Sorry, MDS, but the P on the Family and the Living Christ are not one and the same. We all know, when it comes right down to it, that the Proclamation is merely a ruse to subdue homosexuals. After all, nearly every church believes everything in the proclamation. Why PROCLAIM it? And why the timing…at the exact moment when the gay movement was getting some traction. There is nothing new in the proclamation except for a subtle refusal of gay rights. I don’t believe the Living Christ would have supported such a document.
And I know most of you here feel the same way deep down inside.
Wahoo! Thank you Kristine! It sounds like a wonderful event.
Thank you especially for your thoughts on the way forward.
I was elated to see Laurel Thatcher Ulrich will be speaking at my beloved Notre Dame next week, and then very upset to realize she is speaking during a class I teach, so I can’t go! I will be able to attend a brown bag lunch with her, though, earlier in the day.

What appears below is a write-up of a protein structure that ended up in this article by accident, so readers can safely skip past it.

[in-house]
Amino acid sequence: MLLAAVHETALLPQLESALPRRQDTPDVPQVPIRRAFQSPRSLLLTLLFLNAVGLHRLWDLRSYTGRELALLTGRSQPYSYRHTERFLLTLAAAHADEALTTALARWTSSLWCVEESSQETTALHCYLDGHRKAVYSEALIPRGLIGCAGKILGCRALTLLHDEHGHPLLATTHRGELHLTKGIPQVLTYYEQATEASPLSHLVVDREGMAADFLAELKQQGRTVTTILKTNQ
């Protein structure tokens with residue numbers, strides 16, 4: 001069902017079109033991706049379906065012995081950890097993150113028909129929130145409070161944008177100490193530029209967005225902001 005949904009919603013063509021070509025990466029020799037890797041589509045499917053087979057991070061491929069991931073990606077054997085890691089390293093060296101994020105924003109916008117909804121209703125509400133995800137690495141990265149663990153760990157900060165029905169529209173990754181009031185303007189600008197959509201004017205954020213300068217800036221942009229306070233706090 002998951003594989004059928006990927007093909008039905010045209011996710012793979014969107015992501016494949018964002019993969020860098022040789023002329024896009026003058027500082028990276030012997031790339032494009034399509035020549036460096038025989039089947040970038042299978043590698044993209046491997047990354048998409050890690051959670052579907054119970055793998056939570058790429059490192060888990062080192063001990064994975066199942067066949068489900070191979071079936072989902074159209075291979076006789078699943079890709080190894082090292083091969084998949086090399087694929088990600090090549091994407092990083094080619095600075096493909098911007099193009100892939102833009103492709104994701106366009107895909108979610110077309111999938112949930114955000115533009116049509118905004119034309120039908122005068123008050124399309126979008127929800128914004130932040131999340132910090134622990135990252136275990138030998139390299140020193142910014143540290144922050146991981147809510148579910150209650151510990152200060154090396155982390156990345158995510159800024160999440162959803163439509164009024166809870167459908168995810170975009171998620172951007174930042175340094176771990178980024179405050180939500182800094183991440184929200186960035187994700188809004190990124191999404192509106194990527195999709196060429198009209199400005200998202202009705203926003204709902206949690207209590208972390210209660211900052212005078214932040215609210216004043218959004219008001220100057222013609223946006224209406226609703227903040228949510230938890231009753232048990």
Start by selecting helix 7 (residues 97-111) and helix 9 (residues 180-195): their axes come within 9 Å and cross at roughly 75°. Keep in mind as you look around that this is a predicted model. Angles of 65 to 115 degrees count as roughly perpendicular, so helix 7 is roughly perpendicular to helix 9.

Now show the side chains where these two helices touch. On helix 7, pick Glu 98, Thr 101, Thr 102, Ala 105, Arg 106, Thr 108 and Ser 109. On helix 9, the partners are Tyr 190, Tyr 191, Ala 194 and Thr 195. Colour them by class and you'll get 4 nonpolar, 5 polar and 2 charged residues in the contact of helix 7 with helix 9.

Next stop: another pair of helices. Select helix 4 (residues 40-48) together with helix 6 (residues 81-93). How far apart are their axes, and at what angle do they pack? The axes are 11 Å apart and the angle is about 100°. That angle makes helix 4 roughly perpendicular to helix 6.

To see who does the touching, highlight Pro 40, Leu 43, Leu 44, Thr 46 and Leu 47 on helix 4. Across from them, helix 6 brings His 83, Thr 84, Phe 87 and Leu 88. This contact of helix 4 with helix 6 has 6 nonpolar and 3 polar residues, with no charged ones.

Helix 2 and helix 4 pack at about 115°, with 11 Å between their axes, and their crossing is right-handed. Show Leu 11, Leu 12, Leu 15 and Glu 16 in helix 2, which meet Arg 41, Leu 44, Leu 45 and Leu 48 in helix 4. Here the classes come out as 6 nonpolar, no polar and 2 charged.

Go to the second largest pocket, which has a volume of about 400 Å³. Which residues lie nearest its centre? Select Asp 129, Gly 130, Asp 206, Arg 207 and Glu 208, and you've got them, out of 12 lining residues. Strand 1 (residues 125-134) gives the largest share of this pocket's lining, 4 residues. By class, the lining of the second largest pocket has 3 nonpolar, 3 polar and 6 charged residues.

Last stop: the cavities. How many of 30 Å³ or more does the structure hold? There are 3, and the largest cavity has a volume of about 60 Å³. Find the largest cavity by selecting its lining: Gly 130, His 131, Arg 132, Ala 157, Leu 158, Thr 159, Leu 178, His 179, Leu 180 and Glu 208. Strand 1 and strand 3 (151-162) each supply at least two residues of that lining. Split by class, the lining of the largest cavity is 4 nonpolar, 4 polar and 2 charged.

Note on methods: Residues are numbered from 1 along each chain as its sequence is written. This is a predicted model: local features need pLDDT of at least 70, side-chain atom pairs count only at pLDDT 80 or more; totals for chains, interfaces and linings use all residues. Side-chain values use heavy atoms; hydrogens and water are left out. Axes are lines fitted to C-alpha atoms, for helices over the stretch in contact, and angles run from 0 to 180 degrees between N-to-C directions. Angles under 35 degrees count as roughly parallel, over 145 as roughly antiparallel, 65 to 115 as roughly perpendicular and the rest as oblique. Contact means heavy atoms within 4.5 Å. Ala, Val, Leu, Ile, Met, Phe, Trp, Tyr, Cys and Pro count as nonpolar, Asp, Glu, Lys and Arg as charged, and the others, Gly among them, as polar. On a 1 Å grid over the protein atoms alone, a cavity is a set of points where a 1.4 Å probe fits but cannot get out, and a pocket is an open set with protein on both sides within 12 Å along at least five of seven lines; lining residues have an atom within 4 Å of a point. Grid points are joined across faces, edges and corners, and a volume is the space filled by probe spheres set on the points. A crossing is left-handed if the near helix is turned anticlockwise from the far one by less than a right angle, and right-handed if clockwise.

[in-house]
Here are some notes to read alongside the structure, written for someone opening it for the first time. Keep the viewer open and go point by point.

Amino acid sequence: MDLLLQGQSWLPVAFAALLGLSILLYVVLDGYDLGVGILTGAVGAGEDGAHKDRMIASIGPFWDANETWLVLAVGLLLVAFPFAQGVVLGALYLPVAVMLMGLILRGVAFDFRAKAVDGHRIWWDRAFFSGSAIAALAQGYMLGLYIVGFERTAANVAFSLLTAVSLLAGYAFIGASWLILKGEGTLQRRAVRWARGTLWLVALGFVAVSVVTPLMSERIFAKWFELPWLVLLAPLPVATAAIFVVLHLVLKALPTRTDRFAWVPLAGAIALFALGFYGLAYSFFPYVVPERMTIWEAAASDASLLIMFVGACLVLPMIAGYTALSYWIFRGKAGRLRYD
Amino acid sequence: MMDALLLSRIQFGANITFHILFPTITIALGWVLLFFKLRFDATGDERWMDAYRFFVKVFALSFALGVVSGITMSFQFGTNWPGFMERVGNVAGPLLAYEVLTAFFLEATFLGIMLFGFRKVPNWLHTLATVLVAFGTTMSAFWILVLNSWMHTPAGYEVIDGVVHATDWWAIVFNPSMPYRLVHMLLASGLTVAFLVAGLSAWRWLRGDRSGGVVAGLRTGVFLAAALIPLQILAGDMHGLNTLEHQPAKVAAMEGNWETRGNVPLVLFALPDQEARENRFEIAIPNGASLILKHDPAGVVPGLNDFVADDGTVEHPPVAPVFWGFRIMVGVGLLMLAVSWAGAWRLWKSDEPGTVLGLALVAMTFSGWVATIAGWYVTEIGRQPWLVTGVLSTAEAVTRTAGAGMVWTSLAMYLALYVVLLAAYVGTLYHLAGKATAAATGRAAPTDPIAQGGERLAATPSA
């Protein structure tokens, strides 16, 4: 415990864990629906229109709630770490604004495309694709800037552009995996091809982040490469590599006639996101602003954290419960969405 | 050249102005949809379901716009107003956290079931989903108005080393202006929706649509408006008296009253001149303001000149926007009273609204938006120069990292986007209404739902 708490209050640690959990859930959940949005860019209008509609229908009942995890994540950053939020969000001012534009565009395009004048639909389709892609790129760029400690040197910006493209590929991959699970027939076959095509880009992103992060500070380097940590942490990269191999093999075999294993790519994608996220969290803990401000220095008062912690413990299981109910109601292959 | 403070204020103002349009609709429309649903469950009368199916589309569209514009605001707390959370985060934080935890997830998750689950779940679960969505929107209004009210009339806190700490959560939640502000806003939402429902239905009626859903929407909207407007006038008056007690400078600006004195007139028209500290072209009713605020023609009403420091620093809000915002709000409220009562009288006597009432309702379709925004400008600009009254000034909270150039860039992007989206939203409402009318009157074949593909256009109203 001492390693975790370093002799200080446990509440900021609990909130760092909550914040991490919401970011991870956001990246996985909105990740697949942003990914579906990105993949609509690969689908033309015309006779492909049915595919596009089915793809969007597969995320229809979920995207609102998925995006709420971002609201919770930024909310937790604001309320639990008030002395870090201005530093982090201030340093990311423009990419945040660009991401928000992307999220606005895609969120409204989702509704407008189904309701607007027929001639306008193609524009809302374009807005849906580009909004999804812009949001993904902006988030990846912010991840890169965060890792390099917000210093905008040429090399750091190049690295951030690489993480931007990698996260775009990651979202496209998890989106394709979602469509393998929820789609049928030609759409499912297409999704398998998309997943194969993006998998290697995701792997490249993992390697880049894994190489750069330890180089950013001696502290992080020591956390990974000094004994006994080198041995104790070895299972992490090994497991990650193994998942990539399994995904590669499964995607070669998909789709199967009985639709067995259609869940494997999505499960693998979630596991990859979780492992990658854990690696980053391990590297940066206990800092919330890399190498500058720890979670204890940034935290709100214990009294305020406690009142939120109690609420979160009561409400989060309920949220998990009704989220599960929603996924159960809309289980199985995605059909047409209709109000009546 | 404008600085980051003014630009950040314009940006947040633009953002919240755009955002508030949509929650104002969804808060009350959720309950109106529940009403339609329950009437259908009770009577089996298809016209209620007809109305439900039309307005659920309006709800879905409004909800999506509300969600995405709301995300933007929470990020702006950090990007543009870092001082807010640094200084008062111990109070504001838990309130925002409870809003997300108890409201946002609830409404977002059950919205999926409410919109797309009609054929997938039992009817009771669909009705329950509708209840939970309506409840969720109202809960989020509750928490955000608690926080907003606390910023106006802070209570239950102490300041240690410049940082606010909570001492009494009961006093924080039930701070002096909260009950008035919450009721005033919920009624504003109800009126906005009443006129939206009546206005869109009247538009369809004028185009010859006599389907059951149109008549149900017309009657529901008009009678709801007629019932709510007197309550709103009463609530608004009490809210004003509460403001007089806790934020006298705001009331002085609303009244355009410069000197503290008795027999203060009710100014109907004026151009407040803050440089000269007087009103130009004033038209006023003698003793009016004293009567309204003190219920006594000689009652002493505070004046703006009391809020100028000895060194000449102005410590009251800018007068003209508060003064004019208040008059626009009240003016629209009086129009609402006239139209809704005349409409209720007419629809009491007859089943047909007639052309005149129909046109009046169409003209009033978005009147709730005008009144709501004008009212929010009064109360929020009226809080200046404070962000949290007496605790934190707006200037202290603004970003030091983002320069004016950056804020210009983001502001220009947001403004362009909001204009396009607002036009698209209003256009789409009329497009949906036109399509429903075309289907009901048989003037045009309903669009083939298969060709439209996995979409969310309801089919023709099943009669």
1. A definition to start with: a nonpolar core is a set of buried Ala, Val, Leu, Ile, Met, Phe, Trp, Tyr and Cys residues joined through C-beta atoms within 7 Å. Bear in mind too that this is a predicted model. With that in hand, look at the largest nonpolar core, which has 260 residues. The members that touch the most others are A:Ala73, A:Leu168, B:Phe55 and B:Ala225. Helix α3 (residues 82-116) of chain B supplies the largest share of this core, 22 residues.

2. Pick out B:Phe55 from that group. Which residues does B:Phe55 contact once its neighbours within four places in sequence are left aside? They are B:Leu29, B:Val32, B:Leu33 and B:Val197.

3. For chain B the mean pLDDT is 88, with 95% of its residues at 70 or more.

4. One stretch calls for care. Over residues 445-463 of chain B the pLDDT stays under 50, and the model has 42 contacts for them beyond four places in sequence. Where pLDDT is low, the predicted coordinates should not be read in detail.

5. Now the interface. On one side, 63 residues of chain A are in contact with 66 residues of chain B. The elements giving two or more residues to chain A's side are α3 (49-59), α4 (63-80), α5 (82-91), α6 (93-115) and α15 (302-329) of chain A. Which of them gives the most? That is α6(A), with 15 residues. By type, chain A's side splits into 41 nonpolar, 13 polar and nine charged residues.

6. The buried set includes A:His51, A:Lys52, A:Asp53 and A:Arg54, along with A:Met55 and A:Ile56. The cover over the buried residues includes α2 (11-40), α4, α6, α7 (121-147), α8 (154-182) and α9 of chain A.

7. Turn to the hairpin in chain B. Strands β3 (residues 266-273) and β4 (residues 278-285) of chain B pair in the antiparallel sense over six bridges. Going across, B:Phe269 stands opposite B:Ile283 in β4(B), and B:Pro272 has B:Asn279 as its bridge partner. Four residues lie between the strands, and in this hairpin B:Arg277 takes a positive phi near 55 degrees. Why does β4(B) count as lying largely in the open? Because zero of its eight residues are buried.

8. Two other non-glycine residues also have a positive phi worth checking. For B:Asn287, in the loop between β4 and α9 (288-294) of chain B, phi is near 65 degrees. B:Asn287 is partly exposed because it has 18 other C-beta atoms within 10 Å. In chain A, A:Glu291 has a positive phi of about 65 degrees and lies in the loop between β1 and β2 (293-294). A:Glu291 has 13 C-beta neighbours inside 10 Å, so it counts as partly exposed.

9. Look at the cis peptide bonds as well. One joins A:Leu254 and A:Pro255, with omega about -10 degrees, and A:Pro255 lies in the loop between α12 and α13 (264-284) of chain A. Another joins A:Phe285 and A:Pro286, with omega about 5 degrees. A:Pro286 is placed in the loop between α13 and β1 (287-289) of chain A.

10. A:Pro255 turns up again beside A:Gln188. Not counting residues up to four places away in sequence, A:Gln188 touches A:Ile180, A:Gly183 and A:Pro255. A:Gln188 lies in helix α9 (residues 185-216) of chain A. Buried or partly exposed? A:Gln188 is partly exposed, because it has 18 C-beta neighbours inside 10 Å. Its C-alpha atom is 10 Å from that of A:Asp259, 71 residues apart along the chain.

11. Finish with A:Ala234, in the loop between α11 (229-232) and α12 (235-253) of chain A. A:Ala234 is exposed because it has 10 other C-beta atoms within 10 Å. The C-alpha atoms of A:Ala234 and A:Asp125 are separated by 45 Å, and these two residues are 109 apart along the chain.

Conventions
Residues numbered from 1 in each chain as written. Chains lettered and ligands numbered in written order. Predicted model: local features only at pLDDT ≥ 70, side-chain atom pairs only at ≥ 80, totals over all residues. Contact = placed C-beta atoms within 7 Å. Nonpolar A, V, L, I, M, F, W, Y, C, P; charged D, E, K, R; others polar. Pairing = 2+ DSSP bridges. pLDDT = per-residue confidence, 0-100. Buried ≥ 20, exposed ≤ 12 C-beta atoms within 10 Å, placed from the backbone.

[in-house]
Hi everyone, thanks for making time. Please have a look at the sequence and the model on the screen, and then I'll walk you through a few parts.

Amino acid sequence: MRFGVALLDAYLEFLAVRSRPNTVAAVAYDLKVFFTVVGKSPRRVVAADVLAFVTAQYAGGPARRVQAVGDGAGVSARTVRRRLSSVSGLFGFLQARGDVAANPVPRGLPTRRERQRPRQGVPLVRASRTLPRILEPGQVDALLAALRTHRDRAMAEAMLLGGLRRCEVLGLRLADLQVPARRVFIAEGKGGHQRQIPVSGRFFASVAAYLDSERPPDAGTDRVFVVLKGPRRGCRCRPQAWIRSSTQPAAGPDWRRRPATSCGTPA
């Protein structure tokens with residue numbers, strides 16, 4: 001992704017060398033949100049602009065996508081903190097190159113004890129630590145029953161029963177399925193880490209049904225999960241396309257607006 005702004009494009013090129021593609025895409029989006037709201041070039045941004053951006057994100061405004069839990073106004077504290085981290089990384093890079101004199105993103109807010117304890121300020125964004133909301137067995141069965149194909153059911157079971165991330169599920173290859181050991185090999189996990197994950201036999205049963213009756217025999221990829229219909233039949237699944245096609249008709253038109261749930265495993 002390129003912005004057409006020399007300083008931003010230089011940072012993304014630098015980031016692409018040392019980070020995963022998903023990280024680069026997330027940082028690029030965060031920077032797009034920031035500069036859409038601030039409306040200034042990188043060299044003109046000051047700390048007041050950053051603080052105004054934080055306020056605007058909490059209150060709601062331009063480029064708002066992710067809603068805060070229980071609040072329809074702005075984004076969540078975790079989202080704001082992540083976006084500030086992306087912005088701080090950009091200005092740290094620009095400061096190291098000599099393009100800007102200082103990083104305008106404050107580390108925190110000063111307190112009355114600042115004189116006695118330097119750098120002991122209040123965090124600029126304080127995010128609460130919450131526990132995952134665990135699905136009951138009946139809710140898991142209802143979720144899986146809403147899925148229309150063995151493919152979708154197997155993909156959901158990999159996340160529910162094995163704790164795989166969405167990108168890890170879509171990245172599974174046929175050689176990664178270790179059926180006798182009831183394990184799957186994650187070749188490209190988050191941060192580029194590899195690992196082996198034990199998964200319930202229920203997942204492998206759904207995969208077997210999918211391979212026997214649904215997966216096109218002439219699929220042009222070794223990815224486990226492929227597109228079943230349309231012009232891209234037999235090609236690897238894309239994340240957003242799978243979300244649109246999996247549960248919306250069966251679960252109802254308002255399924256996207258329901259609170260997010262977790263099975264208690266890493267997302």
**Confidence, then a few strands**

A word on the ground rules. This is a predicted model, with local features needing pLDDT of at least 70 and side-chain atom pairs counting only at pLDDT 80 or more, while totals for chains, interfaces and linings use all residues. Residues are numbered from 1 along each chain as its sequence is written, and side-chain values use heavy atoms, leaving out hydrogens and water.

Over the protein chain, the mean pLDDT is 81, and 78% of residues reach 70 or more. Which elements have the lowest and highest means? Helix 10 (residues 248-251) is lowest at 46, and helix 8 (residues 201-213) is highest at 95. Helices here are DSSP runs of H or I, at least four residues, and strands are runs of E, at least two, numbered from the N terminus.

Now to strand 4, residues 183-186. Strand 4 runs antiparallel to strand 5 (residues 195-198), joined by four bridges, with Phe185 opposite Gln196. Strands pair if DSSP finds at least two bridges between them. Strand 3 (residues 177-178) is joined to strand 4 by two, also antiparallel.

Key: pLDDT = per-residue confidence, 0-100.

Just a comment on priesthood being a great place to socialize men — I think that priesthood is exactly opposite that. It is a horrible method to socialize men. I think that the Relief Society has it right — with its multiple socialization models (Sunday, Thursday nights even though it’s now only once a quarter, midweek activities, Super Saturdays, etc., as well as the unofficial bookclubs, midweek temple trip gatherings, visiting teaching, etc.). An active LDS woman has many opportunities for gathering with her sisters.
An active LDS man has priesthood meeting, and that’s not even a valid option for men who teach in the primary or young men. What else? Quarterly stake priesthood meeting? The quarterly stake priesthood temple trip? Do Saturday morning moves count? That’s it. Basketball? Please…
The challenge I have with feminists in and out of the church is their tendency to elitism exclusion, self centered ness, and hobby-ism. Your originating post addresses all of my concerns to the point of complete validation. Examples are as follows:
1-â€œcomplex feelingsâ€? about this issue,â€¦â€¦.
â€¢ I have complex feelings about this issue also. In fact I have complex feelings about all issues.
2-â€œthat she really believes that, as promised in the 9th Article of Faith, God â€œwill yet reveal many great and important things pertaining to the Kingdom of God,â€? including with respect to women and the priesthood.